In canon lawyer Ed Condon’s recent article critical of the Pope’s actions against the Knights of Malta, he makes an astute observation about possible unintended consequences:
The disregard for the mutually sovereign relationship between the Holy See and the Order sets a precedent in international law, which will now lurk under the Secretariat of State’s dealings with other governments like an unexploded bomb.
Cardinal Parolin should prepare to see today’s actions cited as legitimate precedent when the IOR, commonly called the Vatican Bank, finds its sovereign independence under renewed pressure from other countries or international bodies. [emphasis mine]
With respect to the bank, one has to ask just how long the Italian government’s going to tolerate this institution? While the current pontiff had promised to clean up Vatican finances, he recently ordered Archbishop Becciu to abruptly cancel an outside audit of the bank by PricewaterhouseCooper. According to journalist Edward Pentin, it was over the issue of transparency:
“There’s been resistance all the way, but this is a blow to the entire reform process. …There was a shock to the system in terms of how rigorous the audit would be; the international standards feel a bit intrusive”
How do you suppose the average Italian banker feels about it? He is required to maintain international standards that include transparency with respect to account ownership and source of funds, anti-money laundering protections, and is subject to government regulation and periodic audits. Yet over at the sovereign Vatican those standards don’t apply. What about the average Italian? No wonder only 15% of Italian Catholics attend mass on a weekly basis; could it be that they’re tired of reading about corruption and hypocrisy in the Vatican? Umberto Bossi, former head of the Northern League, one of Italy’s largest political parties, was asked for his opinion of the Catholic Church, he said that if it was up to him he’d flush it down the toilet. It doesn’t appear important to Church authorities that the Vatican bank and bankers also represent the Body of Christ.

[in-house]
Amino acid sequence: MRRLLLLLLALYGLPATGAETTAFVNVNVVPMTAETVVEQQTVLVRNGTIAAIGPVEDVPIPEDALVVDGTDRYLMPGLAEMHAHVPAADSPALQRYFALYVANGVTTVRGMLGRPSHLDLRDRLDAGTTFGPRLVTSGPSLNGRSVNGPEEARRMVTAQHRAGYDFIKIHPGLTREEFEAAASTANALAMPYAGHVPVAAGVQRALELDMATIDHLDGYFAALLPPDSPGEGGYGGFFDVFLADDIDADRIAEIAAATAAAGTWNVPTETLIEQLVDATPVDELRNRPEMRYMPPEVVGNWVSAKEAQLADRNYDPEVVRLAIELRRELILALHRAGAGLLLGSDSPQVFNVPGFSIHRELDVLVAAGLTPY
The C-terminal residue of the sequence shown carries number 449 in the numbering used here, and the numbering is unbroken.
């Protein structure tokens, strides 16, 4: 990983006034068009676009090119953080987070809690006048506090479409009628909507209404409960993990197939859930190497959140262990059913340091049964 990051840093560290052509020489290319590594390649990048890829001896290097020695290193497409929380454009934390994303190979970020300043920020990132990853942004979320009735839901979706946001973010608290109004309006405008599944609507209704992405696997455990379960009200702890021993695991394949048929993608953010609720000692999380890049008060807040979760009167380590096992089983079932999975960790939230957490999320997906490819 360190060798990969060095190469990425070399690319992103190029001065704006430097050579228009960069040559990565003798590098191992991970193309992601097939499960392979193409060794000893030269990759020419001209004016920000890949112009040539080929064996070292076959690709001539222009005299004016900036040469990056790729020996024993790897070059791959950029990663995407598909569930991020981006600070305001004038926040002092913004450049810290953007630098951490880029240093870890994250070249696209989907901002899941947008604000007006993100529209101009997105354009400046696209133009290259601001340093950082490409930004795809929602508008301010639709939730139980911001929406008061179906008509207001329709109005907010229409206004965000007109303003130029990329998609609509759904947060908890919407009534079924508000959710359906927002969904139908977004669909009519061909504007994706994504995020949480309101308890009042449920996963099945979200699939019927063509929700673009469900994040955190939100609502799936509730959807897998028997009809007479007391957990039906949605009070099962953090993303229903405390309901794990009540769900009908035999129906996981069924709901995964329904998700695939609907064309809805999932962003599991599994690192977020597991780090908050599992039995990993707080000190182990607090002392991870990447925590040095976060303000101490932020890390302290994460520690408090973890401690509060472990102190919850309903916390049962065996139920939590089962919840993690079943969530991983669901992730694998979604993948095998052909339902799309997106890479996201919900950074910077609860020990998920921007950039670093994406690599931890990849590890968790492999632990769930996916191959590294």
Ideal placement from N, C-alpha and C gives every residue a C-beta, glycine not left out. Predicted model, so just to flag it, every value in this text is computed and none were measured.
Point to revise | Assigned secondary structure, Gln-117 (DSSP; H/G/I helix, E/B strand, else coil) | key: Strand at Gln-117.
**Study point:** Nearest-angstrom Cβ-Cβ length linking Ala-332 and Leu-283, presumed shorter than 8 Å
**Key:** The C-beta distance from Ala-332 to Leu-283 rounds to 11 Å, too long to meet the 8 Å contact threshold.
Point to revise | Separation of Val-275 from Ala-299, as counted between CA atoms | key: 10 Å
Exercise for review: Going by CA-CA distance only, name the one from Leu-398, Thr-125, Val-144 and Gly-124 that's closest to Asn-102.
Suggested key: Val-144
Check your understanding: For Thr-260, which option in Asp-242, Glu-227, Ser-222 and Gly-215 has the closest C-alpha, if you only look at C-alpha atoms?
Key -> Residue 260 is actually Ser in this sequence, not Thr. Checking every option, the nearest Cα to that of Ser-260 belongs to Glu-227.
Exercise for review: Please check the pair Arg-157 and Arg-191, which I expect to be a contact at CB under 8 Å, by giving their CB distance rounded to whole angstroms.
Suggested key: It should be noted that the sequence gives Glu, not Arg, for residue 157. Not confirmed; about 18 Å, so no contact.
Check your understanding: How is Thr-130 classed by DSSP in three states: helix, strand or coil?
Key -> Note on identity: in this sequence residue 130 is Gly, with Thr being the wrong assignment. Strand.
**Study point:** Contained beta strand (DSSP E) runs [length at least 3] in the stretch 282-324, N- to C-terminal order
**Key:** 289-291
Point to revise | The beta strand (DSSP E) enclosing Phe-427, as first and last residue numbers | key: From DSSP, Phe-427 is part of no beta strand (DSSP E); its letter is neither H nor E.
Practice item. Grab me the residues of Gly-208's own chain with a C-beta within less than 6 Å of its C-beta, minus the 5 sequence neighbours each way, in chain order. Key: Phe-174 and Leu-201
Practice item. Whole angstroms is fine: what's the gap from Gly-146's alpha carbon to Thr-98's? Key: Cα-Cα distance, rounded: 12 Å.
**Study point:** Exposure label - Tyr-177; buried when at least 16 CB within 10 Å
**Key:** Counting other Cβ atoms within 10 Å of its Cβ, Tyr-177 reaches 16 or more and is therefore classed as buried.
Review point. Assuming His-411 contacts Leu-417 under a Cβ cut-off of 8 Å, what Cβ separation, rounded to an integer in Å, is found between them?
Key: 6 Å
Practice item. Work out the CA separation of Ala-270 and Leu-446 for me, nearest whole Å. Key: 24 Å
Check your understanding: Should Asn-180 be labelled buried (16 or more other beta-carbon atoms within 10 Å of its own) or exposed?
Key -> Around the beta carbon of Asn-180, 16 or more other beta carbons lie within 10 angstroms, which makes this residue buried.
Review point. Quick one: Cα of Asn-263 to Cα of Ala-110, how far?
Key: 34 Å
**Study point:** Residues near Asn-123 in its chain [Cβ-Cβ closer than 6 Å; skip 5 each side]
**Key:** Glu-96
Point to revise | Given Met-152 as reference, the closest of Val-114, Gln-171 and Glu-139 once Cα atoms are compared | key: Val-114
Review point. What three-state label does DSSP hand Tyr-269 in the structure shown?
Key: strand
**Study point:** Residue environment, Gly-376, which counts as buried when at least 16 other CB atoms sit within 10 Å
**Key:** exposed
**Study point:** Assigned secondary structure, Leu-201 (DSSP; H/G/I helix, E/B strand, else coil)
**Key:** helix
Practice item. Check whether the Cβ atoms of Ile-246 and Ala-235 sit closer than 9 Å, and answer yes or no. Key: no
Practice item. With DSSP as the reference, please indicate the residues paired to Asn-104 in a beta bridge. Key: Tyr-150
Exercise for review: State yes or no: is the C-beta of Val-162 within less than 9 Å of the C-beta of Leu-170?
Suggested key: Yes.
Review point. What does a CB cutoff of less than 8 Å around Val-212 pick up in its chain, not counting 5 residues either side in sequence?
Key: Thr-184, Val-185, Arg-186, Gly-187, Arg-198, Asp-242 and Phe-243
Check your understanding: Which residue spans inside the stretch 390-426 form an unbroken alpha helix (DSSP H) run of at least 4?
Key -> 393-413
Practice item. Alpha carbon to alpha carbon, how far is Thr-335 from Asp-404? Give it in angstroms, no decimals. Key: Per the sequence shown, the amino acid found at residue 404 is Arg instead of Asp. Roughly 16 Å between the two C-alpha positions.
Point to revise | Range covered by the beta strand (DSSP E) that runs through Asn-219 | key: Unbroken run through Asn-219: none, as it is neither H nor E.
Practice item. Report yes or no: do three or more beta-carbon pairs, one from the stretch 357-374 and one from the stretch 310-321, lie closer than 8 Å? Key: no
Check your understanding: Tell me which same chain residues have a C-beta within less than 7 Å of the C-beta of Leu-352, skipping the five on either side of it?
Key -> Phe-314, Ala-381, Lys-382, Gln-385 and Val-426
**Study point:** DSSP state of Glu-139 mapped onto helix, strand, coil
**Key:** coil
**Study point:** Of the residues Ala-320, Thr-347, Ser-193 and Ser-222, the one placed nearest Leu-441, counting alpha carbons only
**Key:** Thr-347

Vatican City is only a quasi-sovereign state and the thing with the Knights might give the Italian government the precedent it needed to intervene. If the Vatican lost some or all of its sovereignty, then the pope could lose his Head-of-State immunity which would make him susceptible to international lawsuits. Lawyers for victims of sexual abuse by priests believe the Vatican should, and can, be held accountable. While dioceses around the U.S. have to file for bankruptcy because of the abuse, the Vatican claims it is a separate legal entity and so has no responsibility even though for decades it authorized the relocating of priests who had been accused.
St. Hildegard said that in the last days the Church would be punished for three specific sins: fornication, rapine, and murder. They are all present here. The worst sexual scandal in the Church’s history is still somewhat unresolved. Rapine is theft, and money-laundering and tax-evasion in the Vatican bank, I believe, qualify as such. Contraception, according to Hildegard, as well as canon law, bears the same guilt as murder. How is God supposed to react when His revealed will is increasingly disrespected and ignored.
The Fatima centenary will be celebrated, I suppose, with great solemnity and ceremony; but was her message taken seriously? It was a warning, and demanded actions to prevent divine punishment. The Blessed Virgin delivered another message to us through a nun in Japan, and, like the second secret of Fatima, the third message of Akita included a clue as to when to expect a punishment (I’m referring to the aurorae borealis in 1938 as the sign that a war would commence). Our Lady told Sister Sasagawa:
“The work of the devil will infiltrate even into the Church in such a way that one will see cardinals opposing cardinals, bishops against bishops.”
Until a few years ago there would have been no notable evidence of this. Today, one reads about it everyday, and even the secular press follows the bitter opposition between certain prelates.
“For whom the Lord loves, He chastens” (Hebrews 12:6).